Background Cancer survivors treated with abdominal or pelvic radiation therapy (RT) for childhood cancer have an increased risk of colorectal cancer. However, clinical guidelines are inconsistent on recommendations regarding the early initiation of screening in these patients due to the lack of supporting evidence that these patients pass through a pre-invasive phase, in which adenomatous polyps can be detected and removed. Aims To determine the prevalence of adenomatous polyps in cancer survivors treated with RT for childhood cancer; the prevalence in average-risk patients aged 17–49; and the prevalence in average-risk patients aged 50–75. Methods We conducted a retrospective study comparing the prevalence of adenomatous polyps among three patient groups: childhood cancer survivors aged 17–49 with prior RT who underwent colonoscopy screening from 2006 to 2017; age- and gender-matched patients in the average-risk population; and average-risk patients aged 50–75. Results One hundred and forty-five patients were included in the study. The proportion of patients with adenomatous polyps in the cancer survivor group was significantly higher than that in the age- and gender-matched average-risk group (58.6 vs 17.2%, p = 0.00) and higher than the average-risk group aged 50–75 (58.6 vs 27.6%, p = 0.009). The prevalence of adenomas with high-risk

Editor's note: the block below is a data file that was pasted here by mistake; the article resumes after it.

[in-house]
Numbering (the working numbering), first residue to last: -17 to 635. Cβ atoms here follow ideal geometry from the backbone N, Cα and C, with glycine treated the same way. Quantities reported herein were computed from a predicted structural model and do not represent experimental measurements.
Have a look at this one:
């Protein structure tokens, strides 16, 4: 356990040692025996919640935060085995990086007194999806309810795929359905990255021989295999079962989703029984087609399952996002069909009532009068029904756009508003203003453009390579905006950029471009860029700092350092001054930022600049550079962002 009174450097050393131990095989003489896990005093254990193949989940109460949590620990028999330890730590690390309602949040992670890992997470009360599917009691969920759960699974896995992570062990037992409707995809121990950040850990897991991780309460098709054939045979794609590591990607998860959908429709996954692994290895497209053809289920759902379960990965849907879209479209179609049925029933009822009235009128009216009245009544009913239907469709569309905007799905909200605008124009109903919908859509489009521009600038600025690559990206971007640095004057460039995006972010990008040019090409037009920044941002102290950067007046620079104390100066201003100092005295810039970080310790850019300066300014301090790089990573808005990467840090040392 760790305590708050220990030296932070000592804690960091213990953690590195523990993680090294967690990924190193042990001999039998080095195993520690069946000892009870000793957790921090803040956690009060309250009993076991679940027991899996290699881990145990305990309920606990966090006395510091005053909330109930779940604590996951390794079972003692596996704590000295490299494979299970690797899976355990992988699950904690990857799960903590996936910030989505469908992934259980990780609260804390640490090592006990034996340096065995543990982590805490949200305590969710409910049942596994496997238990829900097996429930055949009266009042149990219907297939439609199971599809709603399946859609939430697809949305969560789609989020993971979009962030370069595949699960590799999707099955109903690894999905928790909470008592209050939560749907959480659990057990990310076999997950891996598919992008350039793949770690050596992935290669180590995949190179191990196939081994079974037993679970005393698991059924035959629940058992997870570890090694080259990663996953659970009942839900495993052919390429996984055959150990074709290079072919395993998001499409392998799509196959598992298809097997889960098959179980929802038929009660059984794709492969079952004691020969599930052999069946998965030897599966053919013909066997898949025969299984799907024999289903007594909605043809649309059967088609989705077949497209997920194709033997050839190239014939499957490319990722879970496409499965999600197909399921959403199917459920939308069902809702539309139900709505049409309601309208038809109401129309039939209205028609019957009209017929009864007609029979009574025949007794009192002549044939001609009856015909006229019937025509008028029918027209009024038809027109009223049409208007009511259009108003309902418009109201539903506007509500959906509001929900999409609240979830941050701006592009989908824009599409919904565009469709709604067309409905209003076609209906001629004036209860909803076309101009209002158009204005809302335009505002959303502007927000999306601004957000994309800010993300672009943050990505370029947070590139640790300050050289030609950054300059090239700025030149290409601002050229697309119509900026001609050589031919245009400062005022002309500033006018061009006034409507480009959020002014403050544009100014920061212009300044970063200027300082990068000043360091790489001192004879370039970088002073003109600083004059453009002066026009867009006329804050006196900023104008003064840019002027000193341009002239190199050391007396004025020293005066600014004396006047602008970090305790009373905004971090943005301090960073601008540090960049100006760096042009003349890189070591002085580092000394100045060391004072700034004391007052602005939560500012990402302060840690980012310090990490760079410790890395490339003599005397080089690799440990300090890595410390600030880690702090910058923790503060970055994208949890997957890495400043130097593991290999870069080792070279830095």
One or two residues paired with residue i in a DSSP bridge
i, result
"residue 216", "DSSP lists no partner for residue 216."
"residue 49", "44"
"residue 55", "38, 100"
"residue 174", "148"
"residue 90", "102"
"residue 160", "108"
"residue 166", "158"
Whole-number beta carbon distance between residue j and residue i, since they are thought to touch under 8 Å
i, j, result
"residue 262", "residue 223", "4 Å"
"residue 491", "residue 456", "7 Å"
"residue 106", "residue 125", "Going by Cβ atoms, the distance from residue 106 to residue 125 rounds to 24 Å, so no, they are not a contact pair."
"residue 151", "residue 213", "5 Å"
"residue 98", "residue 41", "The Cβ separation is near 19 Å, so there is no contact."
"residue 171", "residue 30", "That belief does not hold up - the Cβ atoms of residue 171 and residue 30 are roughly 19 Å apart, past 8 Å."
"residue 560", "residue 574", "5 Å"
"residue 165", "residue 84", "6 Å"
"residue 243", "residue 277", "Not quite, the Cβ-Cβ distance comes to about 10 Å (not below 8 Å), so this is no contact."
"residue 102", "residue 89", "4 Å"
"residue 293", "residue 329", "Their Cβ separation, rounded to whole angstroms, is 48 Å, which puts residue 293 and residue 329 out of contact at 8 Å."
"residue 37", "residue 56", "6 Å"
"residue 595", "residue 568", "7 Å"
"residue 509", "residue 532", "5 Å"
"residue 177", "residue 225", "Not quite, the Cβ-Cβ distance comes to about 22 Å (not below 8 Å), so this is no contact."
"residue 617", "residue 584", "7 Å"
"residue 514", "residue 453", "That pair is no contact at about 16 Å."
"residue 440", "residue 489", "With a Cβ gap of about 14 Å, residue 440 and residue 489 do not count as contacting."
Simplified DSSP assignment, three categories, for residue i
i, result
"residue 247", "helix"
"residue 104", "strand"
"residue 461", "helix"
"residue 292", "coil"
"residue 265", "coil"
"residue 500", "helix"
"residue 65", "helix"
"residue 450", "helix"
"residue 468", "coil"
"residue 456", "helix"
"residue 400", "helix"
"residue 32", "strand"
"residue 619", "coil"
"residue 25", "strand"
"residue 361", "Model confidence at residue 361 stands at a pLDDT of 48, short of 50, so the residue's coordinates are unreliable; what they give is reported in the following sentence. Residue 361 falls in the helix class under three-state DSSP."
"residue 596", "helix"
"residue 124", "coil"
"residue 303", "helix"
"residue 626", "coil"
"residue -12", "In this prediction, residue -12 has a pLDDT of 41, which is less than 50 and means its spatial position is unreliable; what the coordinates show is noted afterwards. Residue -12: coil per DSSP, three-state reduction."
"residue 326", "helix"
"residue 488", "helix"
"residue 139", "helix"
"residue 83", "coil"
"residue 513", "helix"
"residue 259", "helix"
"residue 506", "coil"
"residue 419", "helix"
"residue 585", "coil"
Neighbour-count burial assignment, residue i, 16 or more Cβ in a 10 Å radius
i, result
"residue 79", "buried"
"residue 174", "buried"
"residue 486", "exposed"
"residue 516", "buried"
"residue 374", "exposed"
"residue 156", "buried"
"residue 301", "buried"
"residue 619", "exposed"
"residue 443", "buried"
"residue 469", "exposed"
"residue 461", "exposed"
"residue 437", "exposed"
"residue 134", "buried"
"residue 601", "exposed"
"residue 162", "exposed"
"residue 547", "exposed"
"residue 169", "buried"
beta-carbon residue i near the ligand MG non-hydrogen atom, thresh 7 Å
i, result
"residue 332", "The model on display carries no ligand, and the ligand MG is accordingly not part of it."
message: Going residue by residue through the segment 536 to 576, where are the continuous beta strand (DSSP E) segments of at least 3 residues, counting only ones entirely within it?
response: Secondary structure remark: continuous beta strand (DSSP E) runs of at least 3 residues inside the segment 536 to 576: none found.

Digestive Diseases and Sciences – Springer Journals
Published: May 31, 2018
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